Date of Award
Selective Evidence-Based Medicine Review
Master of Science in Health Sciences - Physician Assistant
John Cavenagh, PhD, PA-C
OBJECTIVE: The objective of this selective EBM review is to determine whether or not neonatal massage leads to reduced stress behavior in medically stable preterm infants in the NICU.
STUDY DESIGN: Review of three English language primary studies published in 1996, 2005 and 2007.
DATA SOURCES: Three randomized control trials comparing stress behavior in preterm infants receiving massage to a control group that did not receive massage were found using PubMed and Medline databases.
OUTCOMES MEASURED: Researcher recorded stress behavior as behavioral distress activity and motor activity via direct observations and a time sampling method. Motor activities were coded as single limb, multiple limbs, gross body movements, head turns, and startles. Behavioral distress activity included mouthing/ yawning movements, facial grimaces, and clenched fists.
RESULTS: All three studies showed some statically significant data between experimental and control groups. Hernandez-Reif et al showed statistically significant decrease in both motor activity and behavioral distress in the experimental group. Lee et al showed inconclusive evidence with no
statistical difference between control and experimental groups for behavioral distress, and a significant increase in motor activity. Harrison et al was also inconclusive showing no significant difference in motor activity or behavioral distress between the first and last day of intervention, but did show a statically significant decrease in both motor activity and behavioral distress during the massage as compared to baseline or post-massage.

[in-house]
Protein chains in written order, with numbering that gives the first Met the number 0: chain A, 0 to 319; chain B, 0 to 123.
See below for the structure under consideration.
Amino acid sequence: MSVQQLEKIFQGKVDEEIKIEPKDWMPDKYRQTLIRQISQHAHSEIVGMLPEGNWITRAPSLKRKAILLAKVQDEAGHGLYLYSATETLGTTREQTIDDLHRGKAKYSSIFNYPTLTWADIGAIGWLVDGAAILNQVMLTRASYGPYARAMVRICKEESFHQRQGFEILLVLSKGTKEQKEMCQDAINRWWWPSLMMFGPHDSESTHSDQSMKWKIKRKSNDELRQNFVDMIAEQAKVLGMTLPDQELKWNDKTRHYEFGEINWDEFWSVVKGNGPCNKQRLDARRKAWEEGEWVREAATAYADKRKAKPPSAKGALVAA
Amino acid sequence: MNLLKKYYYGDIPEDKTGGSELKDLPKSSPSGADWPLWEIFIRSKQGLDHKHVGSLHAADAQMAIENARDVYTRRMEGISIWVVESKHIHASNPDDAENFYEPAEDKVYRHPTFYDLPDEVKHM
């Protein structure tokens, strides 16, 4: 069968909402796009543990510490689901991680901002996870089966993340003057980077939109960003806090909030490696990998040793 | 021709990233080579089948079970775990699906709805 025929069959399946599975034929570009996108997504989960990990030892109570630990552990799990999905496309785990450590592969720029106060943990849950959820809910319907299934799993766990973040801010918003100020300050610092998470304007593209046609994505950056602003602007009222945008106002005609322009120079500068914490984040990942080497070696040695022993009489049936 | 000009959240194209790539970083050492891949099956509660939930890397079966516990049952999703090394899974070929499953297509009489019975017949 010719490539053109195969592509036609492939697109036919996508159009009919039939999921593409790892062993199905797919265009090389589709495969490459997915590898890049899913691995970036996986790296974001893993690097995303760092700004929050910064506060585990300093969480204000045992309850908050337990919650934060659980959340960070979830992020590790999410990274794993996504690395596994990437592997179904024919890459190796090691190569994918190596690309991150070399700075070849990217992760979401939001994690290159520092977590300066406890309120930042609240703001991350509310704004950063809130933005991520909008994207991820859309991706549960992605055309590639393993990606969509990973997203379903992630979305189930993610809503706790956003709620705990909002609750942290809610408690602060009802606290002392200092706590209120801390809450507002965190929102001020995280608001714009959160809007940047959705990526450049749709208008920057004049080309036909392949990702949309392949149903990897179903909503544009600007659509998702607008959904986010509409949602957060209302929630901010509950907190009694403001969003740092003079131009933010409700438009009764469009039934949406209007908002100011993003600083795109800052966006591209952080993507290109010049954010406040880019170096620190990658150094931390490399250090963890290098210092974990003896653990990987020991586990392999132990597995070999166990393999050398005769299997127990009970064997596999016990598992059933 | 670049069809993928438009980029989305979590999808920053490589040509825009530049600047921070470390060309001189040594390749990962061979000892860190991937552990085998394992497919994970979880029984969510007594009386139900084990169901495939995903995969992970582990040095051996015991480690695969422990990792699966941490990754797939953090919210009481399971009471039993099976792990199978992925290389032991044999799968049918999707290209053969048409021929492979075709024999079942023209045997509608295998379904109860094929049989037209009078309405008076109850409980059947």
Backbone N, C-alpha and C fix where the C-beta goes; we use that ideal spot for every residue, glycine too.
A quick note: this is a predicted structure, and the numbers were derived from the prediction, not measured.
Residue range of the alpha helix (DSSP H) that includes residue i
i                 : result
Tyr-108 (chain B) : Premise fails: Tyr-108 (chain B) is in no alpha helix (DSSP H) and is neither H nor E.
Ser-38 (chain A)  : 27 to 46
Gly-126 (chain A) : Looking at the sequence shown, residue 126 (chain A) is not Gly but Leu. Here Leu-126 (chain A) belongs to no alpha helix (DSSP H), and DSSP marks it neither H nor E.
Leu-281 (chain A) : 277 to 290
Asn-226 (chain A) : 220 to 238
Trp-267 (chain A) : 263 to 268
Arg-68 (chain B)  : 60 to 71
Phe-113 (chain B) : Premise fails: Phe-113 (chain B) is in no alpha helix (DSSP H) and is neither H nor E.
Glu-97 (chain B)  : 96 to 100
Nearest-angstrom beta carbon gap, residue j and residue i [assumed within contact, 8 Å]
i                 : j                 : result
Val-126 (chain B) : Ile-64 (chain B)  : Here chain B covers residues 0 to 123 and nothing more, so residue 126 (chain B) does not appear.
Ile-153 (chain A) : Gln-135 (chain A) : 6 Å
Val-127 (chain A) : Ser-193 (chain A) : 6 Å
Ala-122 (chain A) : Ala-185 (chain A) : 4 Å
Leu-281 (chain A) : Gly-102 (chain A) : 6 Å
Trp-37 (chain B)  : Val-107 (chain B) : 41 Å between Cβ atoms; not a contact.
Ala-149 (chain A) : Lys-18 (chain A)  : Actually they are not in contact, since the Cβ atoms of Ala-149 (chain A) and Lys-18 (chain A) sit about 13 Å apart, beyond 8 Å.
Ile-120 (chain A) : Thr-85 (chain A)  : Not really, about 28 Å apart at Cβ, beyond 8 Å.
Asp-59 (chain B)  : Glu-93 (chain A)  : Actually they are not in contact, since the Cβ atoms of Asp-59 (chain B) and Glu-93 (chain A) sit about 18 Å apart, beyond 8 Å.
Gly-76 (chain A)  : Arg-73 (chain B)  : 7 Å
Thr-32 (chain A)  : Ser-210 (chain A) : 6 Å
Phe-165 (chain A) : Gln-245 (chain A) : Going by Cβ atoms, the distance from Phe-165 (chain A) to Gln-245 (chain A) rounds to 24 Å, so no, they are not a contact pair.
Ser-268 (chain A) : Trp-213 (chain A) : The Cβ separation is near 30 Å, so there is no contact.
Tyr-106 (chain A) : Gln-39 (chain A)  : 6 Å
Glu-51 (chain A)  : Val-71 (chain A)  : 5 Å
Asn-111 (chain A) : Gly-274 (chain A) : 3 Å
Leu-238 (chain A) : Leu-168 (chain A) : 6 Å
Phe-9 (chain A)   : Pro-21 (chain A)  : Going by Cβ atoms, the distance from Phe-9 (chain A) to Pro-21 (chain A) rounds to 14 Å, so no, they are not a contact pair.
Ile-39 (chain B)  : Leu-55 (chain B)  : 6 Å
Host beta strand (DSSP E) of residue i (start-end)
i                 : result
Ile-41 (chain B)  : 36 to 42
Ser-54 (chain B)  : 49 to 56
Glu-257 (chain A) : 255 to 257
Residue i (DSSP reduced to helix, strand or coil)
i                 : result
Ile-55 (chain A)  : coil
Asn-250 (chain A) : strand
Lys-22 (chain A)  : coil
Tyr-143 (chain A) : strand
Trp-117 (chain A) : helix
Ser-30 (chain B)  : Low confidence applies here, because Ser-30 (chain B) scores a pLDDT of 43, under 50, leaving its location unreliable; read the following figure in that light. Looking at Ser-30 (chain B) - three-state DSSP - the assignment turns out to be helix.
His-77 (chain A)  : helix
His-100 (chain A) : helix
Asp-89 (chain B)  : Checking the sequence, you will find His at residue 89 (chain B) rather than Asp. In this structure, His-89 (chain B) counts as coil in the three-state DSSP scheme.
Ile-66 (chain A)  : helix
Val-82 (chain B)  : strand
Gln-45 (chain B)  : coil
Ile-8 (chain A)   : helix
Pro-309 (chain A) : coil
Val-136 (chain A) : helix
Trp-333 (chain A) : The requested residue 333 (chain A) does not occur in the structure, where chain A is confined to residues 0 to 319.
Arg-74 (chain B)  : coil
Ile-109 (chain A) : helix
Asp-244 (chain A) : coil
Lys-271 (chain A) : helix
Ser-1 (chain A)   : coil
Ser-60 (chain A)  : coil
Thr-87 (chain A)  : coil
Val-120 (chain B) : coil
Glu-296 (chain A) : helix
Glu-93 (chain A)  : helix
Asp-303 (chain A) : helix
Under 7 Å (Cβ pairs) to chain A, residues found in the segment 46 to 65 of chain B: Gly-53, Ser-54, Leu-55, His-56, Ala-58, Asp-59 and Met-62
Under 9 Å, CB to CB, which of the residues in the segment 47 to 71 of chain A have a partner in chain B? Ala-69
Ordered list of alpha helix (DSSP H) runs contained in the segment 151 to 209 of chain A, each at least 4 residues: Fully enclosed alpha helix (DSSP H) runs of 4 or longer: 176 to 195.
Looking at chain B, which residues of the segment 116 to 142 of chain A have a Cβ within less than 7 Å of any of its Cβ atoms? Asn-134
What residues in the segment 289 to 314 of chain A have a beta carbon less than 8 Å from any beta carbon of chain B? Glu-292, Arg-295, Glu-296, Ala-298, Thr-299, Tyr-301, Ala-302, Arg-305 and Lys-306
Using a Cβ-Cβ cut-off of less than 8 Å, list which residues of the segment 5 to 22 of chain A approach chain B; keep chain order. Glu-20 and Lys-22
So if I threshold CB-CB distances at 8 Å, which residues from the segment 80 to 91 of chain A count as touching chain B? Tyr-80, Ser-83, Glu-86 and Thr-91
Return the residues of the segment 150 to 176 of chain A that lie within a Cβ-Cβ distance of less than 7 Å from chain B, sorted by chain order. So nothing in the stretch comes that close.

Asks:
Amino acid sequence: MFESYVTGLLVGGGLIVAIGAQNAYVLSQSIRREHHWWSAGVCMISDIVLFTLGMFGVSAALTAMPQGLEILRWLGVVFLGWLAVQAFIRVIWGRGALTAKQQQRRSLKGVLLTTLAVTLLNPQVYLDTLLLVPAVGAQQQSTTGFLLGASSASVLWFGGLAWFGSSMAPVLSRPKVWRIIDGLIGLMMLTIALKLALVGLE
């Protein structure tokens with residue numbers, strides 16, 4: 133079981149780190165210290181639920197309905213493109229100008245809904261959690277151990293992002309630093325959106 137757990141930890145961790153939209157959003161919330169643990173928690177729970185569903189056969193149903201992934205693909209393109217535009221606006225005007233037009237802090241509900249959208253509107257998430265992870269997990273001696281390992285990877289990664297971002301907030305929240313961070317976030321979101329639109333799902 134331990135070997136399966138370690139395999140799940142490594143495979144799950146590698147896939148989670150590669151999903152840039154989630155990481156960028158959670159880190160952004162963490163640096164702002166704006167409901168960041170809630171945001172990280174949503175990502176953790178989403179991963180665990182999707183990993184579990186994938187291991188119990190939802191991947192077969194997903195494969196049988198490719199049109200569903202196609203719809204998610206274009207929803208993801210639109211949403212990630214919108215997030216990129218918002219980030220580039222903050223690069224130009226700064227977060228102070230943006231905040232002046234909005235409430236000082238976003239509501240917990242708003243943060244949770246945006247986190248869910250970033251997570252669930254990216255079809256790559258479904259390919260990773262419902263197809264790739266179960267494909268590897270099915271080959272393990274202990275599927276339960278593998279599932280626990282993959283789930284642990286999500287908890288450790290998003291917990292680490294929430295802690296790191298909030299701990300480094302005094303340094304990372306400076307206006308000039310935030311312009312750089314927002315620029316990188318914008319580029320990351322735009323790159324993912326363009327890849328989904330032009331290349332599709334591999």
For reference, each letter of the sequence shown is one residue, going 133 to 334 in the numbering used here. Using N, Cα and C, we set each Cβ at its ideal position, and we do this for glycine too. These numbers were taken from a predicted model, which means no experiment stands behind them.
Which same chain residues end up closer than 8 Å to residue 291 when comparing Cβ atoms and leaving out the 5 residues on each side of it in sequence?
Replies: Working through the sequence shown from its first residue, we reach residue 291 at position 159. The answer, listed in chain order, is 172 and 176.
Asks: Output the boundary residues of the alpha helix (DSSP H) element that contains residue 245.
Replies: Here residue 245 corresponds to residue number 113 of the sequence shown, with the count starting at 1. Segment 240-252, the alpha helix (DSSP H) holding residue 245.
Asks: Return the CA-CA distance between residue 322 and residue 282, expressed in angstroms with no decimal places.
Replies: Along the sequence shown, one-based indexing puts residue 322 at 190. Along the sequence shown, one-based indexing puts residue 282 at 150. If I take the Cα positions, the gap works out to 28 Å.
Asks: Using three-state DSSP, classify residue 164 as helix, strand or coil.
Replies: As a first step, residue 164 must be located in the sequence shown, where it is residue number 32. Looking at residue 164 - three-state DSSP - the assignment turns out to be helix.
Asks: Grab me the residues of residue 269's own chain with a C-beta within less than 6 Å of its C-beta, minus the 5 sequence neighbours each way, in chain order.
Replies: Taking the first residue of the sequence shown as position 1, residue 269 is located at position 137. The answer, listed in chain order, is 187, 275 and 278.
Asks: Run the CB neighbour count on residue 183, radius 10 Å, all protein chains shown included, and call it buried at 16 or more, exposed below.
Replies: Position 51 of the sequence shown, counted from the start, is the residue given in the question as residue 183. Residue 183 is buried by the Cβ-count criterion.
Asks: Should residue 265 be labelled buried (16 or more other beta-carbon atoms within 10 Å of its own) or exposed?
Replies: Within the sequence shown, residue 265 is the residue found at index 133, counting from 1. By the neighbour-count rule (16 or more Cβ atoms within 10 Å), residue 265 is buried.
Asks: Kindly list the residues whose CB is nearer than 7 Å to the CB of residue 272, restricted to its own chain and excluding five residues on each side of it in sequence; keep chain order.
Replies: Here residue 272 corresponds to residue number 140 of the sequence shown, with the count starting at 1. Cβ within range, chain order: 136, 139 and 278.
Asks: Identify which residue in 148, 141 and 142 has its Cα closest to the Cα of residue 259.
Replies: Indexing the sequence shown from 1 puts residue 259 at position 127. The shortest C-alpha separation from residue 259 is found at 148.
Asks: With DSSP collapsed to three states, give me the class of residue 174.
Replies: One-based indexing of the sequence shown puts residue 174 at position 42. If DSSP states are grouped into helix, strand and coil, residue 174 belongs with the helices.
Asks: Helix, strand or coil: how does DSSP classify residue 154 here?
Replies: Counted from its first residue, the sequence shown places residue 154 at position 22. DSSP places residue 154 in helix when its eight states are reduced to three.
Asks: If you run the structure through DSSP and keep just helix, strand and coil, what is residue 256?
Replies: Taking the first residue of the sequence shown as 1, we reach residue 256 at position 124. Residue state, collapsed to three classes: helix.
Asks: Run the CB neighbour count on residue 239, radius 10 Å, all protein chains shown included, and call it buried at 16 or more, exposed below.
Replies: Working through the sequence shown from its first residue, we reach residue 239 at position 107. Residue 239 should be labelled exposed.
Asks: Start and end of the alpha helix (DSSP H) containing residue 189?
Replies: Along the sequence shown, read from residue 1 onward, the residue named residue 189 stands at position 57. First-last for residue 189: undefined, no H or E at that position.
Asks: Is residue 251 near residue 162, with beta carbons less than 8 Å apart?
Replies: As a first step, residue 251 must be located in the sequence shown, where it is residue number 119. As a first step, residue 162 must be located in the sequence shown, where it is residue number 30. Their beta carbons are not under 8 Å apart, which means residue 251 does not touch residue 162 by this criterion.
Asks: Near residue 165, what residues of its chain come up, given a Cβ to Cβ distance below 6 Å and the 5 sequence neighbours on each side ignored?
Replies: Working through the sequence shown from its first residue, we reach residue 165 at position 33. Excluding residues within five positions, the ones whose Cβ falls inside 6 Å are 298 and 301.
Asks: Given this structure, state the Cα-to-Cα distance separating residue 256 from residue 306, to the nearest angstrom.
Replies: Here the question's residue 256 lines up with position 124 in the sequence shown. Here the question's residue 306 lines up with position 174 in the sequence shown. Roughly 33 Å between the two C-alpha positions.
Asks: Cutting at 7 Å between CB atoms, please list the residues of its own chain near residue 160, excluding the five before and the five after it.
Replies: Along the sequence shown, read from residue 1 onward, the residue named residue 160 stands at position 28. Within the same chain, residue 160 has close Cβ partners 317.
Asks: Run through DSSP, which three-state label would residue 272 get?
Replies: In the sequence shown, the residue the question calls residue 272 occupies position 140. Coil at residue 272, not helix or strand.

CONCLUSIONS: Although additional studies on larger samples and over extended periods of time are necessary, the findings of these three RCTs were inconclusive but suggest that there may be some benefit, but no harm in neonatal massage. All three studies showed some statically significant data between experimental and control groups which supports the hypothesis that
neonatal massage reduced stress behavior in preterm infants in the NICU.
Werner, Sarah E., "Does Neonatal Massage Lead to Reduced Stress Behavior in Medically Stable Preterm Infants in the NICU?" (2013). PCOM Physician Assistant Studies Student Scholarship. 143.